Deceptively sweet lemons, orange-flesh mangoes with a mouth feel of cocoa butter, sprinkled with Tajín – a chilli and lime salt that I bring bottles of home, and sweet, dense red mamey used in shakes and ice creams. To balance the sweet, there are bugs, of course. Eaten since pre-historic times, insects are now considered a luxury in Mexico, and sold in small quantities. Crispy little chapulines (grasshoppers) fried in chilli and lime are piled next to bowls of maguey worms – dried and hollow or pink and squirming, escamoles (ant larva), and stink bugs, which do exactly that: stink. Later, I find chapulines and escamoles appearing in the meals prepared by home cooks I visit as well as the city’s top fine dining restaurants.
Eatin’ the Streets
Getting in line with Paco’s clan and the locals, munching street-side gives me the confidence to spend the next few weeks doing the same. Pointing and nodding and accepting what’s handed while parting with a few pesos becomes my no-fail strategy. Some establishments have been running for more than five decades, serving an in-demand singular dish. Take Tostada Coyoacán, and El Huequito (which aptly means “hole-in-the wall”), a taqueria serving tacos al Pastor, arguably Mexico City’s most iconic food. Marinated meat, usually pork, is roasted on a rotating spit, Middle Eastern style – it’s attributed to the Lebanese – thinly sliced and placed on a small fresh taco with chilli sauce, raw onion and coriander. Served in a portion of three of four, tacos al Pastor make for a fine antojito, or “little craving”, the name for anytime snacks served tapas style.
One drizzly morning I leave my hotel with its grim breakfast offering in the hip Condessa district, and walk across the street in search of coffee and a pastry. It’s 6 30am and across from the bakery, I spy a small hand-written sign across the road: Tacos al Pastor. I abandon the pastries and walk into a dimly lit narrow diner that barely accommodates two skinny teens standing abreast.
Inside, a group of men knocking off from a night shift sit groggy eyed in blue overalls, eating tacos with succulent shreds of spit-roasted meat, squeezing fresh lime that disperses in fragrant bursts. I order a plate, wipe down the grimy counter with my sleeve and a take a seat. After all, one man’s dinner is another woman’s breakfast.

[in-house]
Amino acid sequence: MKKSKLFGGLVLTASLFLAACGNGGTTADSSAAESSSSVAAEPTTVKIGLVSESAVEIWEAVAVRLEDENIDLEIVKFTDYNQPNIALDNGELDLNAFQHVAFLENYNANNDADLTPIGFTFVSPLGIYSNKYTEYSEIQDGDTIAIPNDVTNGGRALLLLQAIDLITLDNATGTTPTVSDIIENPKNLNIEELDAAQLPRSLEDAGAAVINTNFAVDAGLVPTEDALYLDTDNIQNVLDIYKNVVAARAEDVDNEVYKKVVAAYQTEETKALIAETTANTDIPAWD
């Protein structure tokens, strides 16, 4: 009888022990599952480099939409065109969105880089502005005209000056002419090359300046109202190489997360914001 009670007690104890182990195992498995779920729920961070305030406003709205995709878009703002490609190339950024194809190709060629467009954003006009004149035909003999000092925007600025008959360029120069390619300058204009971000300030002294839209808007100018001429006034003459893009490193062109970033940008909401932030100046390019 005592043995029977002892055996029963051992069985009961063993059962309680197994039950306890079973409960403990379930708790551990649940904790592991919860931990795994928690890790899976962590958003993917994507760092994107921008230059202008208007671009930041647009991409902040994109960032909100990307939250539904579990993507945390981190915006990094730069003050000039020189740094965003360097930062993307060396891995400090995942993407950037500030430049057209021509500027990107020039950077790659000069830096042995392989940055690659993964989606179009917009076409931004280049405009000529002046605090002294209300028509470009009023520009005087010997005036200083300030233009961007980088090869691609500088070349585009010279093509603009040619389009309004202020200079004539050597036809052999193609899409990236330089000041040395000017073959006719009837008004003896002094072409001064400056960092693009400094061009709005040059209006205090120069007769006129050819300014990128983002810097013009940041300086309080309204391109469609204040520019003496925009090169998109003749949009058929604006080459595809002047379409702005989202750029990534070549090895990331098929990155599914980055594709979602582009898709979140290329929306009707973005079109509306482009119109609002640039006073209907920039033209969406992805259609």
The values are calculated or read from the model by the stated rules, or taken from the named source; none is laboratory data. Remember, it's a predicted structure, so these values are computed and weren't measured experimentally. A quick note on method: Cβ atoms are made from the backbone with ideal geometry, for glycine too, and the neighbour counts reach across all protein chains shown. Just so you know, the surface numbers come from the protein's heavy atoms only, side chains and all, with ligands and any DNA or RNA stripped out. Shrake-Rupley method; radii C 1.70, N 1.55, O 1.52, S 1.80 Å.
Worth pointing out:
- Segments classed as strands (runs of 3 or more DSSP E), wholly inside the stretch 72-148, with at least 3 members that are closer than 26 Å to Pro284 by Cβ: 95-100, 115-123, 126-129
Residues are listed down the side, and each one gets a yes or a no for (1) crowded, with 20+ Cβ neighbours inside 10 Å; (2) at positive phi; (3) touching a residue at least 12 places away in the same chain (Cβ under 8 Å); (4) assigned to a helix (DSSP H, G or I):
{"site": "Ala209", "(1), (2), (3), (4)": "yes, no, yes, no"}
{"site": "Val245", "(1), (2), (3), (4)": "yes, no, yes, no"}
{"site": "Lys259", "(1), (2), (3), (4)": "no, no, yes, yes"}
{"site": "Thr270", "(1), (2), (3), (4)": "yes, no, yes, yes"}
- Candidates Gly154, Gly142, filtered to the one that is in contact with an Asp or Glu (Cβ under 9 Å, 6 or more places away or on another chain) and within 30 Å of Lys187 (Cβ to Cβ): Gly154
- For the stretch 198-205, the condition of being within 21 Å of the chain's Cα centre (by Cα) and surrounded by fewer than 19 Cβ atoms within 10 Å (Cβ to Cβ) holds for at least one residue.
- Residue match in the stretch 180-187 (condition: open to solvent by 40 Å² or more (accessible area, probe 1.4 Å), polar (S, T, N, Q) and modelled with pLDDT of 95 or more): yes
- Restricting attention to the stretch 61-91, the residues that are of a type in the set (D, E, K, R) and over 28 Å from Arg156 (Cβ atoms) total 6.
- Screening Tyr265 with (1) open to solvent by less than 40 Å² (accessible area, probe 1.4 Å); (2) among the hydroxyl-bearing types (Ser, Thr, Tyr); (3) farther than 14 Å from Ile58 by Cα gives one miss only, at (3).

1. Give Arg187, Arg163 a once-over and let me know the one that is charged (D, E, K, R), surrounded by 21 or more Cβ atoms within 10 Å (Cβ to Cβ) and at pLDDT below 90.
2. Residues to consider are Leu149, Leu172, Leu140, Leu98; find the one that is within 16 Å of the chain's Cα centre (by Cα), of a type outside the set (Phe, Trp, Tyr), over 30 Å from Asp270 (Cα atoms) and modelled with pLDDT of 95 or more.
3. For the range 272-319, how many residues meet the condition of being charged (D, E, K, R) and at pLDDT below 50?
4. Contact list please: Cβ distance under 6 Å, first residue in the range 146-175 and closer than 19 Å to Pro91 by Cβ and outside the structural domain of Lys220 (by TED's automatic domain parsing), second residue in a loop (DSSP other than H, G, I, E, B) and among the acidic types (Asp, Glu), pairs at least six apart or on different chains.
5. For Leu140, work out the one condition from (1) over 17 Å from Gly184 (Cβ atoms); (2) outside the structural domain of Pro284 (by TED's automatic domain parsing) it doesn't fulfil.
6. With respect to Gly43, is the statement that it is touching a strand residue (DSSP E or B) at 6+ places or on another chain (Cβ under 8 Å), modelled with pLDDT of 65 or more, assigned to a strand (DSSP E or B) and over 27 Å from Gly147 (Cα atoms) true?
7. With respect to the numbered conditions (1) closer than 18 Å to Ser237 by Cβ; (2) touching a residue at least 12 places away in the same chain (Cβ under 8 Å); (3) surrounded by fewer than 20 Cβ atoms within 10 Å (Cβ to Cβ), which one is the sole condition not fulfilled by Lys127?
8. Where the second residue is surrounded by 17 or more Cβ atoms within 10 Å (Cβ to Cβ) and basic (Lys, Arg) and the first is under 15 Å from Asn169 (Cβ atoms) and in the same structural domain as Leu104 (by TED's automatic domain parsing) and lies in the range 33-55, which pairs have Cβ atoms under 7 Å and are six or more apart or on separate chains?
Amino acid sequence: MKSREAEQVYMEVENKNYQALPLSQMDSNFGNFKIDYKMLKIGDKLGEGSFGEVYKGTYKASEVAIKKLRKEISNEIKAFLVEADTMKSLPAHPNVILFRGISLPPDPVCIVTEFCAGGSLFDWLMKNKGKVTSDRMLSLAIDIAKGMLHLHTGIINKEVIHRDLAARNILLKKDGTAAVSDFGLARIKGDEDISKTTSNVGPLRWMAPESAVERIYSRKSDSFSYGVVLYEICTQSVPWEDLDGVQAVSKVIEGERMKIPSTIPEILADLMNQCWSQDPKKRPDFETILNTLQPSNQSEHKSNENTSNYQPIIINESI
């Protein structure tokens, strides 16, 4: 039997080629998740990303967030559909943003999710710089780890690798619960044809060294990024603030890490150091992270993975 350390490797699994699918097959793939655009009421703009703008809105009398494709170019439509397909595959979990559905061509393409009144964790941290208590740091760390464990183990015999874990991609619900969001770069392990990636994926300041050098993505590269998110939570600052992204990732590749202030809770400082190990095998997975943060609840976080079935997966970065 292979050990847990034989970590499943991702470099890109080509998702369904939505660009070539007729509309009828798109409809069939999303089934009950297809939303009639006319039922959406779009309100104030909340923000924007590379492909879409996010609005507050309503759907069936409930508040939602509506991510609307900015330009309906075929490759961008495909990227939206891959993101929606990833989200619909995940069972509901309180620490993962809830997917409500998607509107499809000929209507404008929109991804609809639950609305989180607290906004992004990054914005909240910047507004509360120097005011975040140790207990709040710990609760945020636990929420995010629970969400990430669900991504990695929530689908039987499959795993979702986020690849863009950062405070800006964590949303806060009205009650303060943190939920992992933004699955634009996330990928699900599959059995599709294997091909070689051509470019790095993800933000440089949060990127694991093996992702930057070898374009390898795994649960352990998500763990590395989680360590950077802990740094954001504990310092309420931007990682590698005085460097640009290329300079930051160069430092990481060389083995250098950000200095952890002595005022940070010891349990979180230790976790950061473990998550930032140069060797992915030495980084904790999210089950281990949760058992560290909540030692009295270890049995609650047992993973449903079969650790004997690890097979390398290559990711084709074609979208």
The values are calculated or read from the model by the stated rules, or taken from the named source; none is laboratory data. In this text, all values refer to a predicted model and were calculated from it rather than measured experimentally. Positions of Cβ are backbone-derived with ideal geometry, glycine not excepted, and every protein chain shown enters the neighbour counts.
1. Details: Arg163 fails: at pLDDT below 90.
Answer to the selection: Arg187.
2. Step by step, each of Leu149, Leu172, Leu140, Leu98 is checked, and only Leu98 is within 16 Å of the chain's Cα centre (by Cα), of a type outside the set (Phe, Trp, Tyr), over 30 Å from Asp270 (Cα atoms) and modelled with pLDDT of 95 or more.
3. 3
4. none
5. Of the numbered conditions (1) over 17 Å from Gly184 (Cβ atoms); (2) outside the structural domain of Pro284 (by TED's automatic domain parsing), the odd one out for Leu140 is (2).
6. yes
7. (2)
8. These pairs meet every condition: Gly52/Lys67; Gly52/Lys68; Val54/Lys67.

Fine Dining, Home Dining
While the street food and beloved diners are Mexico City’s culinary shrines, the fine dining scene has come sharply in focus of late. At the 2015 Latin America’s 50 Best Restaurant Awards, hosted in the city after two consecutive years in Lima, Peru, Quintonil nabbed Pujol’s crown as the top Mexican restaurant on the list. Both prepare elevated versions of traditional Mexican food like intense mole sauce (Pujol claims it’s mother sauce is more than two years old), tostadas, grilled meats and soups infused with traditional ingredients likes escamoles, chapulines, amaranth, maize, mamey and soursop. At Pujol, nothing is as it seems, at first– the chapulines are slivered and tucked into a salsa within an inflated tortilla encasing a molten poached egg, ants are powdered with baby corn, the amber mole sauce is silkier than any of the diner and home versions I’ve had.
There’s high theatre and a stir in the restaurant as chef patron Enrique Olvera walks out to greet former food critic Ruth Reichl and her party at the table next to me. I spend the next 15 minutes trying to tweet Reichl a clever but detached message. I give up and order a mescal instead – in Mexico, I’m allowed that much.